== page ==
Wednesday, April 13, 2005

Blast From The Past, Vol. 1 - The Saturday Review and Behind the Flying Saucers

There were a number of reviews for Frank Scully's Behind the Flying Saucers written in 1950; none, that I've been able to find, from any major news or literary publication, which were favourable.

My favourite was written by Roland Gelatt, and appeared in 23 September 1950 issue of The Saturday Review (pp. 20-21, 36). Here are some choice excerpts:

"Before going any further we should make it clear that Behind the Flying Saucers in and of itself isn't worth much fuss. But as a representative of a growing and singularly unfortunate reversion to medieval processes of thought this repetitious and sloppily assembled volume has considerable significance...

The gist of Frank Scully's information emanates from a supposedly eminent geophysicist, whom he never identifies, and from Silas M. Newton, described in the book as 'one of the great geophysicists of the oil industry,' who has 'made and spent millions...' Our curiousity peaked about Silas Newton, we checked with the American Petroleum Institute and learned that he is neither a member of the American Association of Petroleum Geologists nor of the Geological Society of America. According to our informant, Newton is not the figure in the oil industry that Scully would have us believe....

Despite the unprecedented shroud of secrecy enveloping these discoveries 'Dr. Gee' was allowed to take home souvenirs from the flying saucers. Replying to our request for pictorial evidence, Scully told SRL that 'no photographs of parts will be available to anybody under present tensions.' What a strange paradox! Evidently 'present tensions' allow the publication of a report that the earth is being explored by visitors from other planets but will not allow presentation of corroborating evidence...

The souvenirs included... a radio the size of a pack of cigarettes that had no tubes, no wires, and only one dial. 'Dr. Gee built a special antenna for it, about four inches high, and was able to catch a high C sort of note at fifteen minutes past every hour.' This radio bears examination... observe that it is heard fifteen minutes past every hour. Presumably the radio is tuned to Venus or some other body out in space. But earlier in the book we were told that the flying-saucer people operated on magnetic time, which is slower than earth time. It is odd, then, that this sound should be heard regularly at a quarter past the hour on our clock. A disturbing inconsistency - and aggravated at the end of the book when we discover that the radio has shrunk to 'one-inch square' and that it is used as a 'magnetic radio telephone' by 'Dr. Gee' and Mr. Newton, which implies that a microphone, not previously mentioned, exists. Contradictions of this order abound throughout Behind the Flying Saucers; to chronicle them all would be both tedious and pointless...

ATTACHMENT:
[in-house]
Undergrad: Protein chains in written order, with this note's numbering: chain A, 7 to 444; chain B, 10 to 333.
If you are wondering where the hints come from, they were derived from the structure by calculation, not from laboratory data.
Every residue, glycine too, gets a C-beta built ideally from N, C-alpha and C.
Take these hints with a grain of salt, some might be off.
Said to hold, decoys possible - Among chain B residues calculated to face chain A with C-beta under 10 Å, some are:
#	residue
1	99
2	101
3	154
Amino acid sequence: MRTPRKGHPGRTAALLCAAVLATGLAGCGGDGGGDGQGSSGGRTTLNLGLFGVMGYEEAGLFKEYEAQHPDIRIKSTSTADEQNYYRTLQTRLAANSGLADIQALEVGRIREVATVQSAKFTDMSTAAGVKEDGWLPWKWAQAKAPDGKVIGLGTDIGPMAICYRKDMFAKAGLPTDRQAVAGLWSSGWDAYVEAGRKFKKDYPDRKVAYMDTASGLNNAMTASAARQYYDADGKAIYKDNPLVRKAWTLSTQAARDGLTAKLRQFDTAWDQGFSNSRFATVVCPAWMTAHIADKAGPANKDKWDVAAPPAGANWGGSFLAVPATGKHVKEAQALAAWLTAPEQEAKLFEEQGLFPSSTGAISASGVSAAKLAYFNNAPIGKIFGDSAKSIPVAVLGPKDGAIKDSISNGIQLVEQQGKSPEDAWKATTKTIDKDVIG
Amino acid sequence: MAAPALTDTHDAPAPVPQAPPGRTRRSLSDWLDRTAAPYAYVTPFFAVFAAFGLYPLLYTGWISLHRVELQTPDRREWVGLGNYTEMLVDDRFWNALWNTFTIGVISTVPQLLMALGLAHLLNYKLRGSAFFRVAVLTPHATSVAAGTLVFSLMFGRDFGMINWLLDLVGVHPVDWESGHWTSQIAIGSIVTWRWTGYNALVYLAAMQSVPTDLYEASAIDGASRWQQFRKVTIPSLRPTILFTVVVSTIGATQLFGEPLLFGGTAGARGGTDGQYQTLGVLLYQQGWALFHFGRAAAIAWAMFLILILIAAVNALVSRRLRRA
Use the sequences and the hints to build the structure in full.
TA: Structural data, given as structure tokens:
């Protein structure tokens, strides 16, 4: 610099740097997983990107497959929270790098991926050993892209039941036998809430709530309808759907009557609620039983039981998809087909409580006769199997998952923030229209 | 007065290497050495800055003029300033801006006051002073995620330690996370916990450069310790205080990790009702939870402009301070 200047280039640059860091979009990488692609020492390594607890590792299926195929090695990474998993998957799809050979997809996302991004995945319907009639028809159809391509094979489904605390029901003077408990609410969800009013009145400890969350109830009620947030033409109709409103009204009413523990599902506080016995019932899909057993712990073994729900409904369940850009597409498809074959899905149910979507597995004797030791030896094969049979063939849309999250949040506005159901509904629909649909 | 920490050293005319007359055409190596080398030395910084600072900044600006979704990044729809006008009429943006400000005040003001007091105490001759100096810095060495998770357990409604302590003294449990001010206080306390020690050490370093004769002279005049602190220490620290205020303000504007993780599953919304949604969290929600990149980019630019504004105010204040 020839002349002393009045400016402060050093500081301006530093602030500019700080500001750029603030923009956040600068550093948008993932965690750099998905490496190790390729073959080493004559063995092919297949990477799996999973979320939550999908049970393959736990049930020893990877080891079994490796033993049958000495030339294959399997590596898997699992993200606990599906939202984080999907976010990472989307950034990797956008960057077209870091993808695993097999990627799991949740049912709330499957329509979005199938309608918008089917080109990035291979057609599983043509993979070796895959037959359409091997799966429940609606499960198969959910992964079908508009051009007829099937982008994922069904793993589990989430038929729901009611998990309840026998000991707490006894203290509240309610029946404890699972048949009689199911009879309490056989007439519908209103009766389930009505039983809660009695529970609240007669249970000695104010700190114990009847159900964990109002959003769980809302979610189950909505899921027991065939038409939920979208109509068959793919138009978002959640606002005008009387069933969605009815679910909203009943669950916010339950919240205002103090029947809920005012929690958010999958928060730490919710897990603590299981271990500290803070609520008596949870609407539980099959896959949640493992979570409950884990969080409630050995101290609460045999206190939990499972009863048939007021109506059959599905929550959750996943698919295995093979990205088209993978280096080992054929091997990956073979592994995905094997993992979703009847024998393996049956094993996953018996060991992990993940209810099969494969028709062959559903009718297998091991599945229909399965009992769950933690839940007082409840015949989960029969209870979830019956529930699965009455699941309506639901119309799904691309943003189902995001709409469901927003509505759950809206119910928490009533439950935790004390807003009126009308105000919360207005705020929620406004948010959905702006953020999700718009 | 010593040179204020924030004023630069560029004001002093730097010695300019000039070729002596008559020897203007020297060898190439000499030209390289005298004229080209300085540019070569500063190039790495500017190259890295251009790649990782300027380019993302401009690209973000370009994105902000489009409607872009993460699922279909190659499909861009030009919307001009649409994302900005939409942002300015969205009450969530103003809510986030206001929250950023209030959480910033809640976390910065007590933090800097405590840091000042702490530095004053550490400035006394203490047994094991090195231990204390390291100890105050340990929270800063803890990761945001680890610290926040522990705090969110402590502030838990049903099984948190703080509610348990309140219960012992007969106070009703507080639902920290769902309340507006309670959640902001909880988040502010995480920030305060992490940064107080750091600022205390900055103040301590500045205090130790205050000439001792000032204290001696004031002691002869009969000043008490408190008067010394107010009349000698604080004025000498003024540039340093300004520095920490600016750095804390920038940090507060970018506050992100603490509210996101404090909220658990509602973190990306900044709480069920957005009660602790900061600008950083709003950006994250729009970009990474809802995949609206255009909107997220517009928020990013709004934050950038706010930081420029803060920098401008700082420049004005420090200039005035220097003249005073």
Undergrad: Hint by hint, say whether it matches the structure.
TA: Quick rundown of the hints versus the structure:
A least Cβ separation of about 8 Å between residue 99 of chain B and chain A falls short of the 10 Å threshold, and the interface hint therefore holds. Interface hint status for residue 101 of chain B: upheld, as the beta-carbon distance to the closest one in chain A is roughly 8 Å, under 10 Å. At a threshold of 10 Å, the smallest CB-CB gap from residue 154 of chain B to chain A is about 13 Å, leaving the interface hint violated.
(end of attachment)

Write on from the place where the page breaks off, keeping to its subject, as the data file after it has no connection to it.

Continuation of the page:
No one questions the fact that Frank Scully is entitled to his opinions. The trouble, however, is that he offers considerably more than opinion. If this book appeared as science-fiction, even if it appeared as speculative conjecture, there would be slim cause for objection. But Scully claims to present fact; he wants to set himself up as the supreme authority, to put all snipers out of court. SRL does not take the position that flying saucers are a myth. There have been enough descriptions from such steady observers as airline pilots to put us on our guard... We are prepared to admit that where there is smoke there may be flying saucers. What we take exception to is the irresponsibility of palming off random speculation as fact. What we deplore is the studied exploitation, a la Velikovsky, of a current hankering for superstition. To give substance to our disaproval we shall offer a reward. To the first man from another planet who walks into this office, with or without Frank Scully, SRL will present $100,000."

Fifty-five years ago there were people who saw Scully (who is described by today's Aztec proponents as the "Dan Rather of his day"), and his ridiculous book, for what they were. And yet, all these years later, there are still people (a small group, to be certain) who still don't get it, and who still claim that Scully was right.

And some folks wonder why I call the Aztec case "Ufology's Dracula?"

Paul Kimball


RRRGroup said...


Roland Gelatt (Look) wasn't a disinformation agent for the government, was he?

I'm almost kidding.

And the inconsistencies in Scully's book are damning all by themselves.

You've done your part in defrocking Scully's tale of any credibility, so why do the proponents of it persist?

That's more mysterious than UFOs.

Rich Reynolds

Paul Kimball said...


It does boggle the mind, doesn't it? Then again, there are still people out there who believe that Alternative 3 was real, or that the Holocaust didn't happen (there's a wonderful documentary by Errol Morris called "Dr. Death" that shows one of these latter types, Fred Leuchter, by no means an idiot), and so on.

It must be the water they're drinking!